A look at Norway’s Pakistani gangs

PAKISTAN-–-ISI-500x227Oslo is home to two infamous gangs whose members are mainly Pakistani Norwegians. They are known as the A gang and B gang or A-Gjengen and B-Gjengen. According to an article in Pakistan’s Daily Times, both gangs are run by criminals within Oslo’s immigrant Pakistani community.In 2006, tension between the Pakistani-dominated gang Young Guns and B-Gjengen led to an open gun battle in broad daylight at Oslo’s popular Aker Brygge Complex on the waterfront. Many key gang members were arrested and others fled the country.
Tension remains high between Oslo’s rival gangs. Police are worried about more armed battles breaking out at any time, reports the daily.

The article, which is written by Fawad Kaiser, a professor of psychiatry in the United Kingdom, also noted that Oslo’s gang culture is becoming more complex and that battles are motivated by revenge, drugs and turf wars.

“The Pakistan youth are known for their gangs and indulgence in crime,” writes Kaiser, who is of Pakistani origin. “A few years ago, the Norwegian police uncovered a house outside Oslo where Arshad Mahmood, a Norwegian Pakistani, held and tortured members of a competing Morocco/Dutch gang, competing in the narcotics trade. He has now been deported under a new Norwegian criminal law. He was described as the purported leader of Oslo’s so-called A-gang.”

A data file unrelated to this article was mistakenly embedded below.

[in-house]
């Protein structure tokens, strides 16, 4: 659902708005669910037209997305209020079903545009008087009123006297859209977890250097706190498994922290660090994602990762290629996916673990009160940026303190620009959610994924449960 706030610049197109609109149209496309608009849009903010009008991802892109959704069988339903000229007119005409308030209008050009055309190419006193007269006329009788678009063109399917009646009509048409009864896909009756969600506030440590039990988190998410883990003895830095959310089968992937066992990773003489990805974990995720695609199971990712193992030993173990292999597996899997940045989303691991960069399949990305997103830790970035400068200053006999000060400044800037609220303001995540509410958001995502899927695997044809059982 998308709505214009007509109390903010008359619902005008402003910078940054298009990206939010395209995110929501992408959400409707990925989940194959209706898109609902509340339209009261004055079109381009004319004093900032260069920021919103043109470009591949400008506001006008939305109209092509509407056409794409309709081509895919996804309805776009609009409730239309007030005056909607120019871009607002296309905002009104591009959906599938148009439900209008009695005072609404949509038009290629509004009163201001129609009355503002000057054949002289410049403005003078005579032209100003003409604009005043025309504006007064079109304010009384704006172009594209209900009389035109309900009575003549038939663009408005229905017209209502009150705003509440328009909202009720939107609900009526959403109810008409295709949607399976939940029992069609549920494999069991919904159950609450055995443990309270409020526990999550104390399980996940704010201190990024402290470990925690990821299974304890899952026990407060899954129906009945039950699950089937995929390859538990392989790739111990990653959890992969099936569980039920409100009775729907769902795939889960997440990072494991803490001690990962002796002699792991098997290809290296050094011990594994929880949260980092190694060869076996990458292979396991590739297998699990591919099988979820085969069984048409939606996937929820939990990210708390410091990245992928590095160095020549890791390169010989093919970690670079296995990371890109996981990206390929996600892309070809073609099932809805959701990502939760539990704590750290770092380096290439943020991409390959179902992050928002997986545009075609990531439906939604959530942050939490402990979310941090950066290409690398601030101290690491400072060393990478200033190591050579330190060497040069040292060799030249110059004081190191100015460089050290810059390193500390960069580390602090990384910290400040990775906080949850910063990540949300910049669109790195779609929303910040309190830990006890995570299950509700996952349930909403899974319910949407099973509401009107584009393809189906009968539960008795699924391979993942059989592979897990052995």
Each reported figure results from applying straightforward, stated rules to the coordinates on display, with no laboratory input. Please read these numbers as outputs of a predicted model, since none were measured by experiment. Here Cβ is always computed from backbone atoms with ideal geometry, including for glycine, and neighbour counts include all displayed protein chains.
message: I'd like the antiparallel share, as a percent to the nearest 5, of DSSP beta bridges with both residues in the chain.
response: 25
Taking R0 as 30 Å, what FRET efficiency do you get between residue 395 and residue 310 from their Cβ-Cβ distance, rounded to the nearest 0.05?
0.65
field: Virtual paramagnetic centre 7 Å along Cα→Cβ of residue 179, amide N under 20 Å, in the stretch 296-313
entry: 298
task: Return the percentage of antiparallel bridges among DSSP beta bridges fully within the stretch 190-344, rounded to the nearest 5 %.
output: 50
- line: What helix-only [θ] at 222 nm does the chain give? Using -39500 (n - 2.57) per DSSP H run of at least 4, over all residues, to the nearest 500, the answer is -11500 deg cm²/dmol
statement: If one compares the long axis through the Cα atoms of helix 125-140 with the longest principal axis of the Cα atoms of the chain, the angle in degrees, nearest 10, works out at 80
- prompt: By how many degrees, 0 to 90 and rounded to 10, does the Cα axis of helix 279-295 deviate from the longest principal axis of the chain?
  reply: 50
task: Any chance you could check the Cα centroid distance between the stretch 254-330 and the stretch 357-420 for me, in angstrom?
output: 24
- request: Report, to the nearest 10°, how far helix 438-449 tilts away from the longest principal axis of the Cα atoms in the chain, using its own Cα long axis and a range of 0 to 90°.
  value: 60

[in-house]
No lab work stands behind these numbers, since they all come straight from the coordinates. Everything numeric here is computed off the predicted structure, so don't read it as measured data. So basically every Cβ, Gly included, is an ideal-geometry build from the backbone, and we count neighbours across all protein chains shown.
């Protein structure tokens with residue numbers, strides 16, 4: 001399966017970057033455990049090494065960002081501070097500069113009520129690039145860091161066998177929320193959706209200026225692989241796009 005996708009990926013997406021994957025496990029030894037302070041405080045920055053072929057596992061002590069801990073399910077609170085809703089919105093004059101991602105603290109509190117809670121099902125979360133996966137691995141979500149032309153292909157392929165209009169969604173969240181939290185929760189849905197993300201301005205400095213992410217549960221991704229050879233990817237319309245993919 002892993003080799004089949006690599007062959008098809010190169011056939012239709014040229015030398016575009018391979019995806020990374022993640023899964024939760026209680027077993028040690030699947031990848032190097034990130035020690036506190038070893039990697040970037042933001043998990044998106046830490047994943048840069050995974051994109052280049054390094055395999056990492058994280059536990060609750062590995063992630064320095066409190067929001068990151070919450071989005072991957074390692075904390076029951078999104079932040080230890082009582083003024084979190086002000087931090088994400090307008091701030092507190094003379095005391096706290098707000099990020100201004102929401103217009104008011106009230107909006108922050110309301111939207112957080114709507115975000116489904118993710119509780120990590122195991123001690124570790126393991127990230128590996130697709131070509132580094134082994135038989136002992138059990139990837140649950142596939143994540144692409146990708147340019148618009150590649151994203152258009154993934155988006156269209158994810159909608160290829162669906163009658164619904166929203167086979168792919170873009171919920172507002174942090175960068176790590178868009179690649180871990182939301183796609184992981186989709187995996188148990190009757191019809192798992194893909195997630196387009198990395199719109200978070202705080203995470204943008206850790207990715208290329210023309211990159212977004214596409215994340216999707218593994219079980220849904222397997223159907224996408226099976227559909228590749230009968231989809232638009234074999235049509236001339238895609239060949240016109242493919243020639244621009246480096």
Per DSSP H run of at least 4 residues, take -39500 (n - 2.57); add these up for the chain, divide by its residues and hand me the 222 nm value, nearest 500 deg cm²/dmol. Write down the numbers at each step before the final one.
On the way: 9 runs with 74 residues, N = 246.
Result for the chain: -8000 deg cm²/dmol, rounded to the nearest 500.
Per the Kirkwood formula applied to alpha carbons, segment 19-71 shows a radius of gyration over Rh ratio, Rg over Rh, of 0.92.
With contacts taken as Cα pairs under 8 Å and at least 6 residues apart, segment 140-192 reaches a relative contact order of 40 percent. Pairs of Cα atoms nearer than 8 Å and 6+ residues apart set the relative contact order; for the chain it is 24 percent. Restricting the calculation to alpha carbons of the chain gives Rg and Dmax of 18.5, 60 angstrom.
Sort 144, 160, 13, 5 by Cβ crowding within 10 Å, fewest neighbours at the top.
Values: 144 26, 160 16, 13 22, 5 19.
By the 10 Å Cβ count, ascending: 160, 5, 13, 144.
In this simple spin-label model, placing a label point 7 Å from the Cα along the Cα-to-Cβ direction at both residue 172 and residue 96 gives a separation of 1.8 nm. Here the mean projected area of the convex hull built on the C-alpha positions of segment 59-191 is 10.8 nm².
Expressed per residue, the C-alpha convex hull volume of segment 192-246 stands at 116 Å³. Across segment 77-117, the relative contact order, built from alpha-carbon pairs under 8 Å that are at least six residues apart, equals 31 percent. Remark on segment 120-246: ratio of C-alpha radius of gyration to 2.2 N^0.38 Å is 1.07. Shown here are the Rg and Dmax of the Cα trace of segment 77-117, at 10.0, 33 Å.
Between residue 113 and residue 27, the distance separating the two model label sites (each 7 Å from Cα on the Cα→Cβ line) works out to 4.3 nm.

In 2008, Norway launched International Operation Nemesis, which targeted Pakistani gangs based in Oslo. The results of this operation, according to Kaiser, showed how host country social control institutions came into conflict with immigrant value systems to inflict shame on the ‘honour’ of immigrant criminals who have violated their own cultural/religious code.

Kaiser also noted that some Norwegian citizens of Pakistani origin are involved in criminal cases such as family feuds and property disputes in Pakistan.

“Since a number of these Norwegian citizens come from Gujrat, a modern crime scene unit was established with the help of the government of Norway to help the Gujrat police,” he writes. “Through the first phase of the programme, police officials, particularly in Gujrat, were involved in the training and capacity building of police officials on investigating crime scenes for better reporting but, unfortunately, vested political interests in Pakistan conveniently hampered this programme. There remains an urgent need to develop a mechanism to address criminal cases that are traced back to Pakistan.”

In closing, Kaiser calls on Pakistan’s Prime Minister Nawaz Sharif to “seriously consider tackling this challenge of security, which remains a huge concern for the international community and our national prestige”.